The unusual pairing of Glassjaw & Quicksand at the Observatory OC proves to be fruitful for both bands



By Zach Bourque //

Glassjaw & Quicksand //
Observatory OC – Santa Ana, CA
July 20th, 2018 //

Last Friday, fans flocked to the Observatory OC for a night of legendary post-hardcore with Glassjaw and Quicksand co-headlining. The unusual pairing seemed odd on paper, but the more you look at the two side by side, the more you start to see their important similarities.

And though Quicksand reached peak popularity in the mid-90’s while Glassjaw’s rise came later during the mid-2000’s, both bands were trailblazers within the genre, with Quicksand virtually inventing it and Glassjaw redefining it.

Both outfits also hail from New York and were inspired by the local hardcore scene in their own unique ways, shaped largely by the music of their perspective times. While Quicksand took cues from the grunge scene, Glassjaw found inspiration in the emo scene that came to prominence in the 2000’s.

Glassjaw and Quicksand, furthermore, were in town fresh off the release of their newest LPs from 2017. Quicksand’s Interiors stands as arguably their finest record yet, marking 22 years since their last full-length effort. Glassjaw’s powerhouse return entitled Material Control, in the meantime, was released quietly and without fanfare but quickly built hype as one of the year’s best releases. For both acts, the albums were fantastic reminders of their own unique styles that remain unprecedented to this day.

What the groups didn’t share in common on this warm evening in Santa Ana, though, was a fan base. There was a very noticeable age gap between audience members, one that was felt the second you entered the parking lot. A crowd of late 20-somethings could be seen — and heard — tailgating and blasting Glassjaw while Quicksand got into their hour-and-a-half set around 8 p.m.

Inside the venue, unenthused Glassjaw fans lined the walls as they waited for the band’s 10 p.m. set time. It was certainly a disappointing sight considering how influential Quicksand were to the post-hardcore genre and because of how truly incredible their performance was when looking back at it.



Glassjaw and Quicksand have alternated headlining spots on this tour, and while Quicksand played first for this particular show, it didn’t seem to affect their spirits. The quartet sounded incredibly tight and full of energy. For every Glassjaw fan who was waiting it out with a beer, there were two Quicksand fans surrounding the packed stage.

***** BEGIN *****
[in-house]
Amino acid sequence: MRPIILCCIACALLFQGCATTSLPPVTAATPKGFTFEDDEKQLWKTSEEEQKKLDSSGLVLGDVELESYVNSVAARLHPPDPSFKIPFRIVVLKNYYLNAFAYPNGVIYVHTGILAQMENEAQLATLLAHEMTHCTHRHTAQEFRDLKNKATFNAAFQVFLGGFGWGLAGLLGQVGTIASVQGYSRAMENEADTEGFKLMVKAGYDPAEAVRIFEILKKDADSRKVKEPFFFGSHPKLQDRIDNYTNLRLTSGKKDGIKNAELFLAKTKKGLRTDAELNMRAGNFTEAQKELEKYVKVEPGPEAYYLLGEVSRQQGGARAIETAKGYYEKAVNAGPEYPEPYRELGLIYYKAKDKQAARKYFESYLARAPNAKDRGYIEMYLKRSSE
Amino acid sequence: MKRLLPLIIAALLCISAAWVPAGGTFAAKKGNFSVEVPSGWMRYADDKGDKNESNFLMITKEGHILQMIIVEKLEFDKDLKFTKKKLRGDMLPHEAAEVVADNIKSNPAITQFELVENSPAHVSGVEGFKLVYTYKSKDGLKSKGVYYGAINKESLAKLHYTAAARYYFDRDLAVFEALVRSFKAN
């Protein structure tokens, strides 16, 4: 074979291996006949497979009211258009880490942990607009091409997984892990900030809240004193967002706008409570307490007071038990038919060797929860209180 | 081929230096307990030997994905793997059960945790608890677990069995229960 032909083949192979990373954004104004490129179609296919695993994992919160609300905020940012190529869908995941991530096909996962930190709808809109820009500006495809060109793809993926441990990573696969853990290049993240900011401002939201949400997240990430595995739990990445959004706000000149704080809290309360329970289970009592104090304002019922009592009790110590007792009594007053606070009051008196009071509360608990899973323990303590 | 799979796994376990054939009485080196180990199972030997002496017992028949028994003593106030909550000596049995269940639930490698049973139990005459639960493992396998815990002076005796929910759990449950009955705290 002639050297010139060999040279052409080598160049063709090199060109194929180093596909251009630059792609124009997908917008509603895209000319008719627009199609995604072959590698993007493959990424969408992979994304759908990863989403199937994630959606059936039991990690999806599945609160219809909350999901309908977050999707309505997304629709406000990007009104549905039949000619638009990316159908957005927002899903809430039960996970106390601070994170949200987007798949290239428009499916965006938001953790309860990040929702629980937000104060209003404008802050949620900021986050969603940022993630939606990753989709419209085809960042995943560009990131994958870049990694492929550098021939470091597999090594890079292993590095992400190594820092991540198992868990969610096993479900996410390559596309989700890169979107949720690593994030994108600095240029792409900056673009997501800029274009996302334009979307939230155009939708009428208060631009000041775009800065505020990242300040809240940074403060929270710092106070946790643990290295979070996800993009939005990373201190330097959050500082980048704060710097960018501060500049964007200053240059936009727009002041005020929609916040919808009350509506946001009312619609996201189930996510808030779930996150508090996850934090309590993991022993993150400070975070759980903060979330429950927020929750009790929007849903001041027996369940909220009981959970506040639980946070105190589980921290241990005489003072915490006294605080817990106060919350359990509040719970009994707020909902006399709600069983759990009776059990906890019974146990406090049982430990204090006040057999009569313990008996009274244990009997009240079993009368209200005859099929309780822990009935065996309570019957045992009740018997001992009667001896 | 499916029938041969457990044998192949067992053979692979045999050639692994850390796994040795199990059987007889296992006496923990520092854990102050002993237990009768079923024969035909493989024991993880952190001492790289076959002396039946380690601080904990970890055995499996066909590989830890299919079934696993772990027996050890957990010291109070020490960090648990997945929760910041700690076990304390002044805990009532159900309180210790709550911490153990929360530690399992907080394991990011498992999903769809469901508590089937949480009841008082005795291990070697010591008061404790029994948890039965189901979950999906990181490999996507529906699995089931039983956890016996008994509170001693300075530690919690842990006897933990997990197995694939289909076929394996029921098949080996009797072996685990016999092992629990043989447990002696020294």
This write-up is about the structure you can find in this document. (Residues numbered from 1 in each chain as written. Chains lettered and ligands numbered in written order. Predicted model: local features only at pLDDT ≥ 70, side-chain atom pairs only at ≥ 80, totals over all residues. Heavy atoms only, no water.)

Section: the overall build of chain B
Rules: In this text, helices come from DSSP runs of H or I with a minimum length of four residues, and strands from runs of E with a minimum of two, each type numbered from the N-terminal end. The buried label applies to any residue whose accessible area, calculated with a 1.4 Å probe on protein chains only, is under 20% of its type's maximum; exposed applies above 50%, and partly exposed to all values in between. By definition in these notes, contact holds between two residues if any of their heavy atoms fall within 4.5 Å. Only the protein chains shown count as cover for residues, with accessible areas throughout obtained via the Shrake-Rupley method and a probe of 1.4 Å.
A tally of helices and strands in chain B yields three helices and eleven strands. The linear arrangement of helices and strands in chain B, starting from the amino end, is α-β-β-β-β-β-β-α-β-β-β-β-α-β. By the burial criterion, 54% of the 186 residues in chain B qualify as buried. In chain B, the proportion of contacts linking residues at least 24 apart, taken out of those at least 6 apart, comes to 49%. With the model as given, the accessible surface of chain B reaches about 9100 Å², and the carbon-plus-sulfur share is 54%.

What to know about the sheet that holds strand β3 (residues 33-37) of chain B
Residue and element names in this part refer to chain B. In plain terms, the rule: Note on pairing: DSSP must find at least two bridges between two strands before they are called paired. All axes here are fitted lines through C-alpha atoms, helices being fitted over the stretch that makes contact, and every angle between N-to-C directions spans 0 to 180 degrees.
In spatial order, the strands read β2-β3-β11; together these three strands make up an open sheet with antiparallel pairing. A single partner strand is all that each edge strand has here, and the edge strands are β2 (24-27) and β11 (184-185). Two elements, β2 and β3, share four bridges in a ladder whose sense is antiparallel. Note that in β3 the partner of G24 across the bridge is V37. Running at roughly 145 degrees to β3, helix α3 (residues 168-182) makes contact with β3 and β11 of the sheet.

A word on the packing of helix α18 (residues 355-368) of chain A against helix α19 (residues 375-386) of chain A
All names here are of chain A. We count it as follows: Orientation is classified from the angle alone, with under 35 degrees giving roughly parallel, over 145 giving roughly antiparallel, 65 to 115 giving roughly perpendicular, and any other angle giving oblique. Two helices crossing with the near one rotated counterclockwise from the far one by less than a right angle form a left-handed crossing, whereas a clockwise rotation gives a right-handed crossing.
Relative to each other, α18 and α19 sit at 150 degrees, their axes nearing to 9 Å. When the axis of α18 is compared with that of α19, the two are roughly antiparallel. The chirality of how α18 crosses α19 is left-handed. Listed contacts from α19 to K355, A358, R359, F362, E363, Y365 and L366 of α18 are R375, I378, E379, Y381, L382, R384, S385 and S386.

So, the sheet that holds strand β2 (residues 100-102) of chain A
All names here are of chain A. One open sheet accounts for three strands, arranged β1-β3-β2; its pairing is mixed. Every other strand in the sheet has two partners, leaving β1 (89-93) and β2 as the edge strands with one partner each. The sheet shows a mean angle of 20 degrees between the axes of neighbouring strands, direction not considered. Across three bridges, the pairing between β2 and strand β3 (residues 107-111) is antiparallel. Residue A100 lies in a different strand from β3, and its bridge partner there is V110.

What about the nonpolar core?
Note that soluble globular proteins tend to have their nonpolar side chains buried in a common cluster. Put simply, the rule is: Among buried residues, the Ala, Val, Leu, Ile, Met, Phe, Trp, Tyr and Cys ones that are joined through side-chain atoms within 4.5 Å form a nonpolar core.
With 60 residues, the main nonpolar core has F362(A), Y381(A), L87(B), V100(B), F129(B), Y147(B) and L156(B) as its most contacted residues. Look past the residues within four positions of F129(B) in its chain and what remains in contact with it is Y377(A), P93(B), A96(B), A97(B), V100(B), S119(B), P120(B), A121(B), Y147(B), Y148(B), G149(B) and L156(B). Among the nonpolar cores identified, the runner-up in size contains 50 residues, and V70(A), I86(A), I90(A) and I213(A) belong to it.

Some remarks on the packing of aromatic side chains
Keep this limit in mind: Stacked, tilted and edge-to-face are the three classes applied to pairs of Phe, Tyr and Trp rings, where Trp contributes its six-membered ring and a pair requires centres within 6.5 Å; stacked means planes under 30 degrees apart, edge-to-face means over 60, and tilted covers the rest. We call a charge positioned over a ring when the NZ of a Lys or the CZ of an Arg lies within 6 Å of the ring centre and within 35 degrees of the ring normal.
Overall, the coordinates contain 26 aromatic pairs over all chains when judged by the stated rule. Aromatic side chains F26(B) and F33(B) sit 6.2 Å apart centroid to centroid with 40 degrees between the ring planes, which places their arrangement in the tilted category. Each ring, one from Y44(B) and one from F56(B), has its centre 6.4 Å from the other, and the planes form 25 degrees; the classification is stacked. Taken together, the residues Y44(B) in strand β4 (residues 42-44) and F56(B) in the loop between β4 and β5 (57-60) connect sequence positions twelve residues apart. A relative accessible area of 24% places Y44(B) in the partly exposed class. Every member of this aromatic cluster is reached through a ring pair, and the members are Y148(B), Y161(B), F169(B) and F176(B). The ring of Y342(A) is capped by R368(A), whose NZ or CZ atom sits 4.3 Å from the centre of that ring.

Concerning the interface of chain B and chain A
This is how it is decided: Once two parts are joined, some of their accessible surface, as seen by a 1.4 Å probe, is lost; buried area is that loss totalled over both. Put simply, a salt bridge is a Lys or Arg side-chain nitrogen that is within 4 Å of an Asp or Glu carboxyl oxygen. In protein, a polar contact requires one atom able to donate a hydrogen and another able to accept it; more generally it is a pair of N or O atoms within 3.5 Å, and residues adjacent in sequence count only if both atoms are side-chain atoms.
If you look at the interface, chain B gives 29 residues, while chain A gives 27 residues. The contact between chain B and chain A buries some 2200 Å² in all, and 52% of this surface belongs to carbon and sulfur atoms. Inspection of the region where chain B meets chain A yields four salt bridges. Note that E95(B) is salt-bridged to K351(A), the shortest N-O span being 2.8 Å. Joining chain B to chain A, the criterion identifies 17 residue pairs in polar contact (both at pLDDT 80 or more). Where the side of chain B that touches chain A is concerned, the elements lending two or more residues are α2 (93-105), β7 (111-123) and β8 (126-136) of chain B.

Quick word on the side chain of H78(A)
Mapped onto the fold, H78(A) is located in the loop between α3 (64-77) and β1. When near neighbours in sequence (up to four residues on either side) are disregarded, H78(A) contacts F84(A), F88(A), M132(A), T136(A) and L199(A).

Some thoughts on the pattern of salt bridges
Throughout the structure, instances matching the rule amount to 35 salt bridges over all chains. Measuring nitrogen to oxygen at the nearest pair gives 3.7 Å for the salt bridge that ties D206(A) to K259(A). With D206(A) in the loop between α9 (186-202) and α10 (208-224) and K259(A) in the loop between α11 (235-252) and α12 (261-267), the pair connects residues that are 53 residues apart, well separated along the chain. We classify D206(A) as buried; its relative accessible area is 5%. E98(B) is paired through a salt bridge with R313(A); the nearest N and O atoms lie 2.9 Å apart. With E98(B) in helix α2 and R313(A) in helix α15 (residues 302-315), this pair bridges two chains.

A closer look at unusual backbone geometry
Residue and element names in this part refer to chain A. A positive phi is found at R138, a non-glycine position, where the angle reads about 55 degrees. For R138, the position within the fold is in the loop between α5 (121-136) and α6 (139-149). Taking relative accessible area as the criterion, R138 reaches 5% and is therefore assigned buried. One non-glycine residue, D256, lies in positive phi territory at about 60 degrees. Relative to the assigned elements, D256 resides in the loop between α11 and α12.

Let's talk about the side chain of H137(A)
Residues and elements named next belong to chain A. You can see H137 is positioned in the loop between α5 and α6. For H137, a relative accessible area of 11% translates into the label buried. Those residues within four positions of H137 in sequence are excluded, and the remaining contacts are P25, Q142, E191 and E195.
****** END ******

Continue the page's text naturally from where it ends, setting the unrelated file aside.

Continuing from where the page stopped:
Quicksand played an eclectic set from their catalog that spans nearly 30 years, including plenty of tracks off Interiors such as “Illuminant”. As the group kicked into their final few songs, vocalist/guitarist Walter Schreifels shouted “get ready to bang the fuck out of your heads,” and with that, the crowd immediately followed orders. Schreifels, toward the end, even took a seat behind the drum kit for a final jam session with Quicksand/Deftones bass player Sergio Vega.

As the sea of Glassjaw fans started to fill in the various levels of the Observatory’s floor, you could feel the room’s energy building. Everyone appeared to be pretty psyched for what they were about to witness. In general, few bands have as much of a passionate cult following as Glassjaw, and their two-year hiatus from 2004-2005 only increased the enthusiasm that was emanating from inside the venue. As lead vocalist Daryl Palumbo came out of the shadows and grabbed the mic, the floor erupted.

Glassjaw’s show covered their entire discography, and very few fan favorites were left off the setlist. While it was to be expected that newer tunes like “Shira” and “New White Extremity” would rock, it was staggering how well their older songs held up in a live setting. Palumbo’s voice, though slightly less manic than it once was, is still unmatched in its vocal range and shear intensity.

Older Glassjaw tracks like “Tip Your Bartender” and “Two Tabs of Mescaline”, meanwhile, sounded as sharp as ever. The instrumentation was similarly top-notch with bassist Travis Sykes serving as the catalyst for the group’s evolved sound on Material Control, which was released in December. But to close out their 17-song set, these Long Islanders delivered an explosive performance of “Siberian Kiss” from 2000’s Everything You Ever Wanted to Know About Silence.

Having the chance to see Glassjaw and Quicksand share the stage is something that we’re likely never going to get again. And for those of us who drove down to Orange County from LA, we can only hope and pray to see more from both after what proved to be one hell of an experience for us.


Cut and Run
Tip Your Bartender
You Think You’re (John Fucking Lennon)
Pink Roses
Jesus Glue
Mu Empire
The Gillette Cavalcade of Sports
New White Extremity
Strange Hours
Two Tabs of Mescaline
Bibleland 6
El Mark
My Conscience Weighs a Ton
Siberian Kiss


Freezing Process
Head to Wall
Brown Gargantuan
Warm and Low
Too Official
Thorn in My Side
Dine Alone
Landmine Spring
Jam (Sergio Vega on bass with Walter Schreifels on drums)

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